Recently, world-renowned writer Eduardo Galeano, author of Open Veins of Latin America, denounced his most popular book due to inadequate knowledge when he published the book back in his early 1930s. Open Veins is one of the most popular pieces of leftist literature taught in university coursework and has sold over one million copies translated in more than 20 languages. Galeano, now 73, published the book in 1971.
News and Politics
The presidential election in Colombia this past Sunday, May 25th, resulted in no official victor. As mandated by national law, a presidential candidate must win a majority vote of 50%.1 Thus, the two front runners, incumbent Manuel Santos and challenger Oscar Ivan Zuluaga, will compete in a June 15th runoff election after winning 25.6% and 29.3% of the vote, respectively.
Chilean President Michelle Bachelet anticipated protests this past Wednesday, May 21st, when she gave her first annual address to Congress in Valparaiso.
In an election with high turnout (219.000 voters, 72% of affiliates) militants of the Mexico’s main right-wing party, the Partido de Acción Nacional (PAN), re-elected Gustavo Madero as their president for four more ye
The point of departure of the latest Insight report based on the Americas Barometeris a well-known fact: “The United States has long suffered from an image problem across much of the Americas, due in large part to the many cases of U.S. involvement in Latin American and Caribbean affairs.” However, Laura Silliman, from Vanderbilt University, wonders whether “As these legacies of military and economic interventions perhaps begin to recede in the minds of Latin Americans, the question arises as to what factors influence the views of the U.S.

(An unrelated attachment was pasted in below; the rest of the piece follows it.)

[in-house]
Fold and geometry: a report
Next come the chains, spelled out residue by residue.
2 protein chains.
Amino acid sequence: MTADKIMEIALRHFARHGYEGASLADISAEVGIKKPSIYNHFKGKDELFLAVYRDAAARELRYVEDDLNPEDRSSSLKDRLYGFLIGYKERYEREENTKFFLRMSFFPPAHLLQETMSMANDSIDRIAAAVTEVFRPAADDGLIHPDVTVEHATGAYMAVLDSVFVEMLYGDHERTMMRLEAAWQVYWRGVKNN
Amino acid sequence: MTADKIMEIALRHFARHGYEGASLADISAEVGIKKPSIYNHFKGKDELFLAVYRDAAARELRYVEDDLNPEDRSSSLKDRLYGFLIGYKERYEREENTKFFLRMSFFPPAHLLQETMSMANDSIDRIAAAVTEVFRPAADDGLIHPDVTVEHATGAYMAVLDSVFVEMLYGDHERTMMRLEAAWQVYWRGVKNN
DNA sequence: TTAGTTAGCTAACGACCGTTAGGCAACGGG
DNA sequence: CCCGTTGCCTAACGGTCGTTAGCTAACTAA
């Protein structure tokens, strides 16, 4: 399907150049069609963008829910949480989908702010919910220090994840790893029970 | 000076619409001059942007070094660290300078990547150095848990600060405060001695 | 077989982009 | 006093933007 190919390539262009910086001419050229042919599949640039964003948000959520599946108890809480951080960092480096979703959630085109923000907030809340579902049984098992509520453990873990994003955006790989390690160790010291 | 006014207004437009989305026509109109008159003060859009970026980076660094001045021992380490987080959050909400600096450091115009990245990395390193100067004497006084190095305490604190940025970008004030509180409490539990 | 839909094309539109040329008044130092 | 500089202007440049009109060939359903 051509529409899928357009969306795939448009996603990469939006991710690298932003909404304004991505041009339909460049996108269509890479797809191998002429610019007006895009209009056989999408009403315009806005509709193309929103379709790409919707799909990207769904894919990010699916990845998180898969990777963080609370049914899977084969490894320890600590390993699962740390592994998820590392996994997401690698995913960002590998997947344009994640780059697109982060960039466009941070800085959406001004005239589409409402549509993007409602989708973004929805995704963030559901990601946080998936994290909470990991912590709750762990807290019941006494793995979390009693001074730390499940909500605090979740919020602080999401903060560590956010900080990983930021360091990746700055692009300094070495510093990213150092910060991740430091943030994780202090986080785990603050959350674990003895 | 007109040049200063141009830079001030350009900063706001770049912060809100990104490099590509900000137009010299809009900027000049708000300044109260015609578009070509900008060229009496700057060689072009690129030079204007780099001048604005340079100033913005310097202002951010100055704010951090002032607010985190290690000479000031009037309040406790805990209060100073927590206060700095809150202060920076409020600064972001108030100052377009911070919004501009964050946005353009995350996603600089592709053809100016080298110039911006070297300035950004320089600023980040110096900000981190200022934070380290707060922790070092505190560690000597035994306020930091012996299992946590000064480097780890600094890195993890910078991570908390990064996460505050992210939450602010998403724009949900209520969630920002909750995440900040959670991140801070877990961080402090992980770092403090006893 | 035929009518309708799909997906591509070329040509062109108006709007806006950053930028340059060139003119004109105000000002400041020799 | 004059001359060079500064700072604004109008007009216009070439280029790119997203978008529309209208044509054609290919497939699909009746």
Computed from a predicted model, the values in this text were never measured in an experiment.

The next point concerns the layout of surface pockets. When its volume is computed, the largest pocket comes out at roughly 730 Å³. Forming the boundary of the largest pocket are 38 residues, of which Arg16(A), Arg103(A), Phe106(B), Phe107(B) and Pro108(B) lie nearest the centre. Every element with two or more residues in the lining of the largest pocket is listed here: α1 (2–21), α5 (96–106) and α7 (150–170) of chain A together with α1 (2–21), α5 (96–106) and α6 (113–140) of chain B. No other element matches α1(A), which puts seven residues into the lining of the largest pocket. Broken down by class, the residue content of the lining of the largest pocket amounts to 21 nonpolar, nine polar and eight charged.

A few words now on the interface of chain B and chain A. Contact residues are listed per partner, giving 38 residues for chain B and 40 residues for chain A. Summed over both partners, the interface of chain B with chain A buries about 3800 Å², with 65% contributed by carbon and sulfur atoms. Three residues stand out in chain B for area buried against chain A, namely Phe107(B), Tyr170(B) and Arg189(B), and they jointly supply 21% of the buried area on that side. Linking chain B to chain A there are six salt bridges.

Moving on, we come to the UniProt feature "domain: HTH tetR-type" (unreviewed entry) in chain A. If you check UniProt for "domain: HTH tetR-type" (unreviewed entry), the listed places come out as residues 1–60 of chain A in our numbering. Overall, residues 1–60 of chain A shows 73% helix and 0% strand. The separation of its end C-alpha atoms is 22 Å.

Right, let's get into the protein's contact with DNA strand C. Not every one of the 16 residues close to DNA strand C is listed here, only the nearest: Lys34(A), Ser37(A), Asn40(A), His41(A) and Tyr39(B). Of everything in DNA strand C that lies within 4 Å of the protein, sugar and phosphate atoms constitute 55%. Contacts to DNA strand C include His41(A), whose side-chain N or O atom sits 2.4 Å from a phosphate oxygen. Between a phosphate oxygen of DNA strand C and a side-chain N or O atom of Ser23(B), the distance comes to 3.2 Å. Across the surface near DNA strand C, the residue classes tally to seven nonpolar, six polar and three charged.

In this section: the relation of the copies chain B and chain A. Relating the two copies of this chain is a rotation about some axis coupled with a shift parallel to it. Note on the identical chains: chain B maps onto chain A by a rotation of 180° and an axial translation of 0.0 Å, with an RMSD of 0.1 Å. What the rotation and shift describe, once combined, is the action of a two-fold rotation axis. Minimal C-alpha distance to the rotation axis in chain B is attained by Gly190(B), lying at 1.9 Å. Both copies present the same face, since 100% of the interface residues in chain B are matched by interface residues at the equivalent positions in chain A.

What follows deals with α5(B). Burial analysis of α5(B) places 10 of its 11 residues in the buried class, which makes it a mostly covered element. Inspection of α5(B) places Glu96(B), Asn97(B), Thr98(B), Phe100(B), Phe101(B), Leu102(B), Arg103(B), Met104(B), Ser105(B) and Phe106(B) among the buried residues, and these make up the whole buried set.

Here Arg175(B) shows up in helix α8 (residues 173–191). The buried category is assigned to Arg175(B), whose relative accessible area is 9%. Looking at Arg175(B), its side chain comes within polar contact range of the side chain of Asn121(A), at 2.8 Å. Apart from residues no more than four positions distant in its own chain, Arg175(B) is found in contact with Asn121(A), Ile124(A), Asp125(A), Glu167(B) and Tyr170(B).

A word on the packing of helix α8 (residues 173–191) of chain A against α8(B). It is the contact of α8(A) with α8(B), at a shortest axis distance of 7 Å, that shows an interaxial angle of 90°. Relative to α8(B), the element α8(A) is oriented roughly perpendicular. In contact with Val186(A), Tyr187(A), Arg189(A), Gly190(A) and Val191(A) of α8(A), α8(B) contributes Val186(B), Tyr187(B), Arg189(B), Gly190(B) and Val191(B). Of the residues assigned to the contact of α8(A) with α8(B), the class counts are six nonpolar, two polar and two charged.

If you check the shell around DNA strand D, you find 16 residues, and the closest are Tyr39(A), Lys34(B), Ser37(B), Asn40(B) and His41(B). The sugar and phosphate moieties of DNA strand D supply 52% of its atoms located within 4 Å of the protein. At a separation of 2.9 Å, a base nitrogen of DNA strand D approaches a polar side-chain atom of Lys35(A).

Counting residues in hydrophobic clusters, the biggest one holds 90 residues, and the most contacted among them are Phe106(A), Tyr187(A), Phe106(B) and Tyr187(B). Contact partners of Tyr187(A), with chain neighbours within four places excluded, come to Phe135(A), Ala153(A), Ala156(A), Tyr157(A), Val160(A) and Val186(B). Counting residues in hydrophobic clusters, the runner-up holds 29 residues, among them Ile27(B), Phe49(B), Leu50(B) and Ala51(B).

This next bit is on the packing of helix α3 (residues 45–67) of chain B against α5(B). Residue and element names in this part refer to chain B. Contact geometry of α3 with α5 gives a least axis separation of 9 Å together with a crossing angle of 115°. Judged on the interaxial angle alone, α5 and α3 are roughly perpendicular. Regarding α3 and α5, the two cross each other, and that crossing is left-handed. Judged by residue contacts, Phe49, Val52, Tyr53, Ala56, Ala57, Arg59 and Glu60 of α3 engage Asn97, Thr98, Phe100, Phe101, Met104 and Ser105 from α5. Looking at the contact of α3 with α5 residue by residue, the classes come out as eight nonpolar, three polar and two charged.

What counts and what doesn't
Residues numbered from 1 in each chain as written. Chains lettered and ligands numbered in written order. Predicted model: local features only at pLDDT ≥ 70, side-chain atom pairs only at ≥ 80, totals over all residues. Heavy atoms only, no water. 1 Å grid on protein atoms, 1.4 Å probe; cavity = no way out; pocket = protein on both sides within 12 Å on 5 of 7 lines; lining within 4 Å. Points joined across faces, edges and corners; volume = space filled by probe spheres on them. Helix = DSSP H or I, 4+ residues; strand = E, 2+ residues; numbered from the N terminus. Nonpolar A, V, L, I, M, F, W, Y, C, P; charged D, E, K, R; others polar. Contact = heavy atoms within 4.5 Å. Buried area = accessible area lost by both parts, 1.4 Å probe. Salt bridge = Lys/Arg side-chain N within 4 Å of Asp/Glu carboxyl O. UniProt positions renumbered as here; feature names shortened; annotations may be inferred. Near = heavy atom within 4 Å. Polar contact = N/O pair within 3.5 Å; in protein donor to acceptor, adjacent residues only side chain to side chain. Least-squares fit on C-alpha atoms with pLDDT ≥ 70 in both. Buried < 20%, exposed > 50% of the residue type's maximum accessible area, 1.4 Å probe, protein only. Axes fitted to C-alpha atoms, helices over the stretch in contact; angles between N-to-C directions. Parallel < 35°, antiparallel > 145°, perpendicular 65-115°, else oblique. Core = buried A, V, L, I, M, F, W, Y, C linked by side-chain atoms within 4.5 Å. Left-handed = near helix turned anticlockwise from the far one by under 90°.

On June 1, 2014, Salvador Sanchez Ceren of the Farabundo Marti Front for National Liberation (FMLN) will assume the presidency in El Salvador. Although the FMLN has held the Salvadoran presidency since 2009 with its independent ally, Mauricio Funes, this will be the first time that a former guerrilla commander will occupy the country’s highest office.